4. Sometimes, you gotta put your foot down and insist on things done right or your way
My wife and I are taller than the Malaysian average. We also wanted a counter top at a comfortable height for us. Contractors like to do things their way not because it’s best for you, but because it’s easier and cheaper for them. Of course this is not always the case but it actually is quite likely the case from mine and other friends’ experience. Sometimes, you let them because it may not be a big deal for you but always remember that you’ll be living in that home and for a decent amount of time too. Since we were doing our wiring (45-year old electrical wire is ripe for disaster), I insisted on several things, some being fully galvanized rigid electrical conduits to run my wires to and from the main switch/circuit block. I also insisted on star-topology (which costs more but a blown fuse only affects that small circuit vs the whole room for example) and of course, proper sharing of the three phase power so that a failure of any phase meant only partial loss of power in any room or area. Even if such things didn’t cost more, it’s more work but if you want something, you got to insist on it.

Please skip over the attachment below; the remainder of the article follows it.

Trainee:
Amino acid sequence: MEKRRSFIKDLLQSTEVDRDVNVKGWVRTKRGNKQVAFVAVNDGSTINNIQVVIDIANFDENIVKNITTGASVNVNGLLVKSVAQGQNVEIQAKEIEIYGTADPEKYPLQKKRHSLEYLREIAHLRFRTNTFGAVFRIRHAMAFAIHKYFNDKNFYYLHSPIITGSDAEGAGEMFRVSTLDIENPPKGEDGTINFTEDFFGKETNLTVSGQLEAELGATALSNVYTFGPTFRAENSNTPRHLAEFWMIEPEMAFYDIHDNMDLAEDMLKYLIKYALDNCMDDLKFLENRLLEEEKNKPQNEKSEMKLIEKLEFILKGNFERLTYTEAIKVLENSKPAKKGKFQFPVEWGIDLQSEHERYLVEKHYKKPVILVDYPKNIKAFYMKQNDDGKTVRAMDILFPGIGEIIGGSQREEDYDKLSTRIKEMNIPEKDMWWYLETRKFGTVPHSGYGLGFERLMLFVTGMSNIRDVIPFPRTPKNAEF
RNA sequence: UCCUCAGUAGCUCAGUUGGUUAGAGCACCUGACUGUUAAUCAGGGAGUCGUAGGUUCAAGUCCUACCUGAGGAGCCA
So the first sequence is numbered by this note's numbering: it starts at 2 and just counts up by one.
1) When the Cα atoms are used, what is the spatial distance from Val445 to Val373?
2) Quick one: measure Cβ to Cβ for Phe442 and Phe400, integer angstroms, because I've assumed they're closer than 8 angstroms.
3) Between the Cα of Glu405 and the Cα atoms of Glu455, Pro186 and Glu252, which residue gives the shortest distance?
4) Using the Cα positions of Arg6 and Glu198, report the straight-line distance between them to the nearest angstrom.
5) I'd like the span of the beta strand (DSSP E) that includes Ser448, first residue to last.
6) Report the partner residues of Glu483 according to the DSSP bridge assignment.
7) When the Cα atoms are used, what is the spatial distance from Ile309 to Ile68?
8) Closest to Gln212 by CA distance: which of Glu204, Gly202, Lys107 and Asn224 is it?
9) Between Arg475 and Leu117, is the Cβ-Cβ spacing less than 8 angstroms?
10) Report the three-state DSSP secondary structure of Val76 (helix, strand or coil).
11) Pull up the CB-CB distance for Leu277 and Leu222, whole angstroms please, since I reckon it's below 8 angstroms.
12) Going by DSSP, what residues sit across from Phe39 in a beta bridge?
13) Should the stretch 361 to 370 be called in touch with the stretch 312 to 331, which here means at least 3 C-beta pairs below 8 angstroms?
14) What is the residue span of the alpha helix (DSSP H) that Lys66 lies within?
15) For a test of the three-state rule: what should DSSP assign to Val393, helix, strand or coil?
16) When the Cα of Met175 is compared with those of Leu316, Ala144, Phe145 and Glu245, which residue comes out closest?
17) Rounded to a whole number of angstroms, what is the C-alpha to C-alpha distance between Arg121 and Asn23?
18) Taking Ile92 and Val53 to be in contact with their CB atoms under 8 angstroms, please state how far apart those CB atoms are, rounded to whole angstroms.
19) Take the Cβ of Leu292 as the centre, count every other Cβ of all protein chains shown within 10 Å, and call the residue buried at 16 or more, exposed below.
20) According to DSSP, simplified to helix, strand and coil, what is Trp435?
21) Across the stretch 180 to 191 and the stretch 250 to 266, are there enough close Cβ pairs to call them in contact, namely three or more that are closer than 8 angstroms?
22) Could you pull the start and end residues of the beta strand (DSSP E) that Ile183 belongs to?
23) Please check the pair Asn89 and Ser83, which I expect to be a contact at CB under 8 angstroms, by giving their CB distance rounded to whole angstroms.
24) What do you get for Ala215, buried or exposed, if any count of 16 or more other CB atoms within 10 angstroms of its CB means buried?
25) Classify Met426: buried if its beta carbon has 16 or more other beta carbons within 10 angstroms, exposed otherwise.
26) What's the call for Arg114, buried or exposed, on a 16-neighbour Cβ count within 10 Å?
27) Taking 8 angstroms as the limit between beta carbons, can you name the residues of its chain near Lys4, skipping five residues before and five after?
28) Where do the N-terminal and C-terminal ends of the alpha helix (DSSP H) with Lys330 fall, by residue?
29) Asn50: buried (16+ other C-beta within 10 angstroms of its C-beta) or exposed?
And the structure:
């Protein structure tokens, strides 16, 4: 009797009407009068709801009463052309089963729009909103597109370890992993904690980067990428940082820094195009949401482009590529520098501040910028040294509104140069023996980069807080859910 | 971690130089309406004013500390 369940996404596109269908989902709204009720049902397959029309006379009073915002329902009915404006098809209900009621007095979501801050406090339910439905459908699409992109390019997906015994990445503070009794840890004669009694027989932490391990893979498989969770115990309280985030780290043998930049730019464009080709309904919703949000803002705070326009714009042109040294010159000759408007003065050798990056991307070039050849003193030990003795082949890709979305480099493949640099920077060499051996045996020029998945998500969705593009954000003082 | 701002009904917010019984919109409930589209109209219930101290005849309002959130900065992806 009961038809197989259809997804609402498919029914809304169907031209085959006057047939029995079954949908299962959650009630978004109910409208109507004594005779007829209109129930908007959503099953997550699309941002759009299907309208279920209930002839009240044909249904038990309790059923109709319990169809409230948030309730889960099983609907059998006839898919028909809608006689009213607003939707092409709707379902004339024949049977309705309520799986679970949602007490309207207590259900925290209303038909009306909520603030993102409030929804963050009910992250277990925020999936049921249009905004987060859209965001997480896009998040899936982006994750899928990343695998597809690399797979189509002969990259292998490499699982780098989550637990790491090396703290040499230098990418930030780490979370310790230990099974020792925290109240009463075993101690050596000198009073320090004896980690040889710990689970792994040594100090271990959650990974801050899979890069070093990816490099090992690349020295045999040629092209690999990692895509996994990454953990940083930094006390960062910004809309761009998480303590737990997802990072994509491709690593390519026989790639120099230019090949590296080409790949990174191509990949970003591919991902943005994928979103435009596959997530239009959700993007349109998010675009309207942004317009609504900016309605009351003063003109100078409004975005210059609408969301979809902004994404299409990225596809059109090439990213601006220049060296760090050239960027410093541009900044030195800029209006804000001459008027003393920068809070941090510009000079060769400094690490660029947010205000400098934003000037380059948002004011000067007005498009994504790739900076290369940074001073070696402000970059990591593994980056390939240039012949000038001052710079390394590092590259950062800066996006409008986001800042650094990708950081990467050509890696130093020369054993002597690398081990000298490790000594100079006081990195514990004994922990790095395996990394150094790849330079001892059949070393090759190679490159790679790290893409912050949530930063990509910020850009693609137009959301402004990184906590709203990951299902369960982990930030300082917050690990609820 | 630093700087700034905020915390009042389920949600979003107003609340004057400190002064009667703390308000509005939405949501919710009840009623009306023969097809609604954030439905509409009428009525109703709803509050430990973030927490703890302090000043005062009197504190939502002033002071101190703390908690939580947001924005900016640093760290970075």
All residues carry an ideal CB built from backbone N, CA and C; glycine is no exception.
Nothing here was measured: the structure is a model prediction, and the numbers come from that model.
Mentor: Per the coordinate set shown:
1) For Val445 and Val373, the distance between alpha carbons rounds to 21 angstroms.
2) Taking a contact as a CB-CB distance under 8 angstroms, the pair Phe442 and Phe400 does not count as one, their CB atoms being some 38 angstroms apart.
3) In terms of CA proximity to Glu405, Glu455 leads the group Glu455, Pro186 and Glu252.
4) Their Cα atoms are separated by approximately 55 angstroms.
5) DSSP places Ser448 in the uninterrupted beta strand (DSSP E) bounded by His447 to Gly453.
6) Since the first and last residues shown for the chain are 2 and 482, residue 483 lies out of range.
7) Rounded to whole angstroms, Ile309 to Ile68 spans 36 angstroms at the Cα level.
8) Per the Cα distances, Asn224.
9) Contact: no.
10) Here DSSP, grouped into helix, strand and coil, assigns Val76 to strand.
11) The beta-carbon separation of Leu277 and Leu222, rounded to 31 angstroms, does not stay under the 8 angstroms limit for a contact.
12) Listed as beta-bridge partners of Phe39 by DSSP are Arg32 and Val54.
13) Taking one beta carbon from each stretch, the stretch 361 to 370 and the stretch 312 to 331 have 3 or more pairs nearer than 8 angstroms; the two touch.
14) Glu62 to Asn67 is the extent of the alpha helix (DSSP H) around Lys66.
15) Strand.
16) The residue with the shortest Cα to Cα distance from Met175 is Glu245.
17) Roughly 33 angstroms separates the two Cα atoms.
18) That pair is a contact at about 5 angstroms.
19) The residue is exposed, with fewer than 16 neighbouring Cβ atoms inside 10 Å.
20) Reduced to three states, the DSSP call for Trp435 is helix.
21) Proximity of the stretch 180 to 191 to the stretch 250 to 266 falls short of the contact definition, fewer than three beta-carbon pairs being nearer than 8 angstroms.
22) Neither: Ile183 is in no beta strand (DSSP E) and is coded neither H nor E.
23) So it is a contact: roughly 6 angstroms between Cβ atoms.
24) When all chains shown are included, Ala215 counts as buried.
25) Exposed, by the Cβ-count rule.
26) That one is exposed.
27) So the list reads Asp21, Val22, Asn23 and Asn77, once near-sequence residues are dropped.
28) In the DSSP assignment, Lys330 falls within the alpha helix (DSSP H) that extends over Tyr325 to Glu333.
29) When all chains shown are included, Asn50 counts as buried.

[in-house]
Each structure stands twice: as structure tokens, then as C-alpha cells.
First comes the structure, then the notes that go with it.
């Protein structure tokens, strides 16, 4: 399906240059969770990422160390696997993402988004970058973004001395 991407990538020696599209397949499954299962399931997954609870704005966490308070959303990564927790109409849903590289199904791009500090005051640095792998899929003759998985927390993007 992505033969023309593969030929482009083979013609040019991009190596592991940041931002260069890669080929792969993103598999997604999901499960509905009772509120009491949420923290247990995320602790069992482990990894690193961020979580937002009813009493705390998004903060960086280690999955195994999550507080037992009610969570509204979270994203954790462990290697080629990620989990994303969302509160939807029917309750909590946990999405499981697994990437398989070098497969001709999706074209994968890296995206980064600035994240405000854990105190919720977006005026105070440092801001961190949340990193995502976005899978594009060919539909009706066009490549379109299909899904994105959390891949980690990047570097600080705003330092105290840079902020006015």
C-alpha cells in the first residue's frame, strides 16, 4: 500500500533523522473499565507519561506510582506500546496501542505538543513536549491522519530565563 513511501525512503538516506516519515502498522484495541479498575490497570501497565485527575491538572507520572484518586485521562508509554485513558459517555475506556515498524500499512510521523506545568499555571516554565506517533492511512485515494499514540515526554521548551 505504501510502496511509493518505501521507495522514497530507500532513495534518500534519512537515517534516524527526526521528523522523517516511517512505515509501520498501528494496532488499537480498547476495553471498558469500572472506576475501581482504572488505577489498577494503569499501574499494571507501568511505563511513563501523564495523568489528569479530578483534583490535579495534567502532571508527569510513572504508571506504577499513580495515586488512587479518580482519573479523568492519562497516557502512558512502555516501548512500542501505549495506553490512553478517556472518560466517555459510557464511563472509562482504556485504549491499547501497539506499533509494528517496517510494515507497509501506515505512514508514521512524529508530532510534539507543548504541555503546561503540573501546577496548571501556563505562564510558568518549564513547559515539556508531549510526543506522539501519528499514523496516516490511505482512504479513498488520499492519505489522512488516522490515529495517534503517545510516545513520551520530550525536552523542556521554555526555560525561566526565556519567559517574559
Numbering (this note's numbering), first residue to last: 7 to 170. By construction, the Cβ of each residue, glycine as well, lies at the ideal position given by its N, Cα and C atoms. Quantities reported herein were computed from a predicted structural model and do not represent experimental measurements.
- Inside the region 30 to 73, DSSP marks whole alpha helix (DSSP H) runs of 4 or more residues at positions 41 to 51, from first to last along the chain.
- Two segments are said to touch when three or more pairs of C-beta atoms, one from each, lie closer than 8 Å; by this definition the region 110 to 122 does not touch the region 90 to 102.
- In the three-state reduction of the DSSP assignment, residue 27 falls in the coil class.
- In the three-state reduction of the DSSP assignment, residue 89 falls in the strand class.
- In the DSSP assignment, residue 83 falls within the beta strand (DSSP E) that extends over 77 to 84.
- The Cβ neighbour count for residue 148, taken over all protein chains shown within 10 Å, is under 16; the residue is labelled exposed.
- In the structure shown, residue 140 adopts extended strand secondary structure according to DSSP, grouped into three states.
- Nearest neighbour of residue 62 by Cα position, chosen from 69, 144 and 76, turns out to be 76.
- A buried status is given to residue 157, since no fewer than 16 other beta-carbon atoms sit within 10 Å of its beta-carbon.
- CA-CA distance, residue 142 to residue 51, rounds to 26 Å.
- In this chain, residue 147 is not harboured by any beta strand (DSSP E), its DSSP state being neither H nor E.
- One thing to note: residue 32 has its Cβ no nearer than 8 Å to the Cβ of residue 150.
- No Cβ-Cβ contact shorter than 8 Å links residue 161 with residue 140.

5. Things never get done your way when you’re not around
You want your project completed on time? Show up randomly. Once I just circled around a few blocks after a visit and caught the previously hard-at-work crew lazing in the shade and smoking. Constant checks also allow you to spot certain things that aren’t done right and correct them. Also, invariably (see number 6) you will change things so seeing the progress allow you to sometimes fine-tune certain things. Generally, the tops of windows match the tops of doors but in cases of ground floor bathrooms, you might want otherwise.